Virginia Gov. Terry McAuliffe recently signed a bill into law allowing ride-sharing companies such as Lyft and Uber to legally operate in the state. The companies operate via a smartphone app in which users can summon a driver, who uses his or her personal vehicle to pick up customers.
This decision comes after the state had enacted an agreement last summer permitting the companies to operate temporarily until a concrete set of standards was established. Prior to that, the Virginia Department of Motor Vehicles had banned the ride-sharing services from operating within the state due to the companies not having proper licenses to operate.
The bill spells out a firm set of standards and procedures for drivers to follow, such as passing criminal background checks and driving record screenings, before they can give customers rides. Drivers also must be over the age of 21 and have liability insurance of more than $1 million. These requirements closely mimic the companies’ own screening procedures that serve as guidelines for hiring drivers.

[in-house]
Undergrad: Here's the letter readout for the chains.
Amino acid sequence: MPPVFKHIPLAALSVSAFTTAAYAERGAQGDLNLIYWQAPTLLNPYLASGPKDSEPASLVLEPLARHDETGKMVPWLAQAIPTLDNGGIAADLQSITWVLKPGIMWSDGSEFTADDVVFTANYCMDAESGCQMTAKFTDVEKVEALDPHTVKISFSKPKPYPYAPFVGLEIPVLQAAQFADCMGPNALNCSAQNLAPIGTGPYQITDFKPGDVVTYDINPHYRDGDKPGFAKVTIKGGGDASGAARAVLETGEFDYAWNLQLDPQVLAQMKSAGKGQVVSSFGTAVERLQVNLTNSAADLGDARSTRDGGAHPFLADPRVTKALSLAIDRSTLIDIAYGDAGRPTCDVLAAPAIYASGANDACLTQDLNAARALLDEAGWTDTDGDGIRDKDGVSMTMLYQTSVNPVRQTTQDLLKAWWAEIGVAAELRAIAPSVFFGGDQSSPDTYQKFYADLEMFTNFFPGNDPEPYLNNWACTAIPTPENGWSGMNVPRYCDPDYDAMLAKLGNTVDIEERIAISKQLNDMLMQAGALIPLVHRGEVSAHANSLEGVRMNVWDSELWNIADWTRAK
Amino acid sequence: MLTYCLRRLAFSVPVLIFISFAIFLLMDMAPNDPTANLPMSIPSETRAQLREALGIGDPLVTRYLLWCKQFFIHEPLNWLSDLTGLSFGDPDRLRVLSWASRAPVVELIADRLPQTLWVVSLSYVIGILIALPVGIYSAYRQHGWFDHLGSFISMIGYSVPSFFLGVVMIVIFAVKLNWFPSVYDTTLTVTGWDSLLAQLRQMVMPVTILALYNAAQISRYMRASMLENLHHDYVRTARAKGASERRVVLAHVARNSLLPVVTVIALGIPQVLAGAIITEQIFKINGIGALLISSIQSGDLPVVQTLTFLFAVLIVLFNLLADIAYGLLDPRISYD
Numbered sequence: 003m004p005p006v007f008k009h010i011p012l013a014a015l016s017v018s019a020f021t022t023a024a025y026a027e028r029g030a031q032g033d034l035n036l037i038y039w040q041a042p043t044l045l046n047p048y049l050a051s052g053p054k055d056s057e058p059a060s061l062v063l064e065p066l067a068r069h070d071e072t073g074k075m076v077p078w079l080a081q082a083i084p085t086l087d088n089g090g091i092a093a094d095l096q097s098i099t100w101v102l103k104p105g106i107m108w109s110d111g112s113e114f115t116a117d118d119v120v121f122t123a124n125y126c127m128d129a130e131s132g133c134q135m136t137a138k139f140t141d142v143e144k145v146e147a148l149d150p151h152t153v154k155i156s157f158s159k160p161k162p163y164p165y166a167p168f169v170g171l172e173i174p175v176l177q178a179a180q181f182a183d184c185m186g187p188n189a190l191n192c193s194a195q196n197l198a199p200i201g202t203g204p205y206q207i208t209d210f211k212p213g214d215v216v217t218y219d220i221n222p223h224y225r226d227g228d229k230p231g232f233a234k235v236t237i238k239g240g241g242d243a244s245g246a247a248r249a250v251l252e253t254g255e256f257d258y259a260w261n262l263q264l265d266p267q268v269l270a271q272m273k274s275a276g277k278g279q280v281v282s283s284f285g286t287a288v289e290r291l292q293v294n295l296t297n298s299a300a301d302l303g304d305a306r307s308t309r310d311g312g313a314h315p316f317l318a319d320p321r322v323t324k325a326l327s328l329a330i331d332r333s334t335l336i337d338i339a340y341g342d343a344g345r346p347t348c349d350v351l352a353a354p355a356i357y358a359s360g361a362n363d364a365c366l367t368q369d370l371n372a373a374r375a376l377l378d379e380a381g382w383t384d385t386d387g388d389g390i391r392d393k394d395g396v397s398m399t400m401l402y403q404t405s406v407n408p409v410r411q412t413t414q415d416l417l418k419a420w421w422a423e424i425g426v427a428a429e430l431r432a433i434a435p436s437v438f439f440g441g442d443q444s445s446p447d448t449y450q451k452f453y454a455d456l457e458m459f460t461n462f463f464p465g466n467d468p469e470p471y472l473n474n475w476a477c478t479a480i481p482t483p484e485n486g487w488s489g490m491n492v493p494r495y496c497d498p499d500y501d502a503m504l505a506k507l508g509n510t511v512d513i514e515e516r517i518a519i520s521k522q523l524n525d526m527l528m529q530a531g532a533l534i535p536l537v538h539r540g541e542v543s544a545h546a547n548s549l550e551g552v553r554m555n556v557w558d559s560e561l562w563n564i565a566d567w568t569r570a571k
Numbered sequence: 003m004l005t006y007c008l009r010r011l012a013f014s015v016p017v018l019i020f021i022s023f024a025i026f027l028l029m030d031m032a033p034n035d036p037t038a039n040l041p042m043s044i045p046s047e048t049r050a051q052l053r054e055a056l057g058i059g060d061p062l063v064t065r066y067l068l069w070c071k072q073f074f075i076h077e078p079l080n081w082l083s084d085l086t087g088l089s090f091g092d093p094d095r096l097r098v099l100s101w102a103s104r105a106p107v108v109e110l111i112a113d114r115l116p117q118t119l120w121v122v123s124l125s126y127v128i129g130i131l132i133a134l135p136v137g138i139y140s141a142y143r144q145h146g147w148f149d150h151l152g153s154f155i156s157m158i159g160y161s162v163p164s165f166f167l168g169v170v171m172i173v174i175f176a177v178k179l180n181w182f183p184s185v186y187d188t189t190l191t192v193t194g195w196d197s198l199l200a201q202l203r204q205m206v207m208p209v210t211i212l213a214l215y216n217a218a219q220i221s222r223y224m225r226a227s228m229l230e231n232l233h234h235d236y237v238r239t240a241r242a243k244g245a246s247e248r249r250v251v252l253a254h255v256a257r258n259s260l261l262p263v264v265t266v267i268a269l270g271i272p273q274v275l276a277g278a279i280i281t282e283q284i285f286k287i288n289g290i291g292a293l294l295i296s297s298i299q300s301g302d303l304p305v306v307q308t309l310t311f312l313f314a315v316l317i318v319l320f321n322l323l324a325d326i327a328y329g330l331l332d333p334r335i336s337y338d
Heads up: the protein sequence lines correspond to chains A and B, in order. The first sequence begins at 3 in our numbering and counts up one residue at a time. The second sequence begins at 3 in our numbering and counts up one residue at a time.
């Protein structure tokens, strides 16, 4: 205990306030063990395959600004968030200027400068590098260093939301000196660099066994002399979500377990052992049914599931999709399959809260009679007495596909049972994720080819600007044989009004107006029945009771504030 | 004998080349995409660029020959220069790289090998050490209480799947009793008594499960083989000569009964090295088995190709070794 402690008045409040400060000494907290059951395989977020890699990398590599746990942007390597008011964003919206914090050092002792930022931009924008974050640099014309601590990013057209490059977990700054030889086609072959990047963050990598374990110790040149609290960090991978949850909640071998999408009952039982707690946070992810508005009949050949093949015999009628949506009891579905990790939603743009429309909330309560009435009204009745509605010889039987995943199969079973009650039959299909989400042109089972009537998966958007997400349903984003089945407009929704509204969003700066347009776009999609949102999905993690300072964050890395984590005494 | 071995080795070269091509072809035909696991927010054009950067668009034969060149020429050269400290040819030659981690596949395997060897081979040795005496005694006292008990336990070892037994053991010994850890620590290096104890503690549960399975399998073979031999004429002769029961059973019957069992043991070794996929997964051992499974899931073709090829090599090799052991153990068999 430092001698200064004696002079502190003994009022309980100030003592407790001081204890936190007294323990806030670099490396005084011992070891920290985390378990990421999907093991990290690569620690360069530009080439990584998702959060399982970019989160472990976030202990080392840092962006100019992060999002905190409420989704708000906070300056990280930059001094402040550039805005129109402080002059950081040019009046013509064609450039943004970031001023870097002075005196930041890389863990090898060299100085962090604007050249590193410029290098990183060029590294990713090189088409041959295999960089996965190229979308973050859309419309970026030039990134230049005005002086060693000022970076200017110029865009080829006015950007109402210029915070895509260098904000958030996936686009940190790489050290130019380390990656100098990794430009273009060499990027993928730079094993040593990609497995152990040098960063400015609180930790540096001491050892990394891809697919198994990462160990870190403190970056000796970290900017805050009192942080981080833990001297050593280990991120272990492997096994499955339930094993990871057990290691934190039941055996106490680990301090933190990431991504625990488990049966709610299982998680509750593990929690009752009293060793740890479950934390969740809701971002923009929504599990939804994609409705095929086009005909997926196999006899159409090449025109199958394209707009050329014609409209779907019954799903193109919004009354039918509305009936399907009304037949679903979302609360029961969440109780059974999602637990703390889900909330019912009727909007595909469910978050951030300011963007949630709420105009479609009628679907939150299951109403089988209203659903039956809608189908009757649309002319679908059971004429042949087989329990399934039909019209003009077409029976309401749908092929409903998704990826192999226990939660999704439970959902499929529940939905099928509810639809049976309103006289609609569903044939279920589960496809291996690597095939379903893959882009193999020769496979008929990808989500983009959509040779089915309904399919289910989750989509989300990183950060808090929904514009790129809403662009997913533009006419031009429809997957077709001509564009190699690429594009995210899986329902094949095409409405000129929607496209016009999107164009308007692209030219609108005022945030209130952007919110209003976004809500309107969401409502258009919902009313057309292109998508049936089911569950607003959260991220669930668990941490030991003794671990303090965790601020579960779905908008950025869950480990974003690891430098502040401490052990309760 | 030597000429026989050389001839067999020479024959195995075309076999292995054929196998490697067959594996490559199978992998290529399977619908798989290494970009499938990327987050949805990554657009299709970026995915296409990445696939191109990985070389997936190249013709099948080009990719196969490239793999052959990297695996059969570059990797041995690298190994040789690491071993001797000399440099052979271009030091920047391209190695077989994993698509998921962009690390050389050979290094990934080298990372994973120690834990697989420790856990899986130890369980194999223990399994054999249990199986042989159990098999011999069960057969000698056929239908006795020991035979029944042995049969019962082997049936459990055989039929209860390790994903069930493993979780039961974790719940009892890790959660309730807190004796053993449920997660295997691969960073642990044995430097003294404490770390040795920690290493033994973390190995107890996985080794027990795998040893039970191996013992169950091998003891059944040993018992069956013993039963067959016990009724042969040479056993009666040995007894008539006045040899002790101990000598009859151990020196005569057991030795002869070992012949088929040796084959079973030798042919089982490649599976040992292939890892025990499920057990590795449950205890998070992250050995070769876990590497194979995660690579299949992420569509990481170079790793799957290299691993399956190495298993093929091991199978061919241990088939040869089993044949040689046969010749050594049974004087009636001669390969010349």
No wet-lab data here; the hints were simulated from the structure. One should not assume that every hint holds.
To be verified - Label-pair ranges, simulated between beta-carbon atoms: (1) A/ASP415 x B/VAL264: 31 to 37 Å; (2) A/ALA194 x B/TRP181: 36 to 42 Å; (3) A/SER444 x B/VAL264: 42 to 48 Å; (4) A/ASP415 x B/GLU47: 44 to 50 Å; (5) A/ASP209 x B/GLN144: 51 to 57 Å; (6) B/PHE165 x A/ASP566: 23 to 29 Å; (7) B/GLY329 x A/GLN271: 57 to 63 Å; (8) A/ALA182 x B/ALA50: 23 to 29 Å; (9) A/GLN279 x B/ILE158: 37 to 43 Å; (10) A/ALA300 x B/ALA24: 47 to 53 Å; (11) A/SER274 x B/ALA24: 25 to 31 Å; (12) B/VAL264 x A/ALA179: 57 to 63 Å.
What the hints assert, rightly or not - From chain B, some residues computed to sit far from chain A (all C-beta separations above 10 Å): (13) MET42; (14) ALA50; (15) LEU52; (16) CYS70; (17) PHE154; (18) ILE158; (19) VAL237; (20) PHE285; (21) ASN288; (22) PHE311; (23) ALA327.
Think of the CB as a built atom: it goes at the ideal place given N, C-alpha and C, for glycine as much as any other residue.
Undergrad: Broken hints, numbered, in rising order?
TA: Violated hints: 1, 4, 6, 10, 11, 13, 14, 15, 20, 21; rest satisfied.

The state is optimistic that the signing of the bill will result in positive change for both Virginia residents and the economy as a whole. It hopes to serve as an example for other states that need to develop their own sets of regulations for transportation organizations.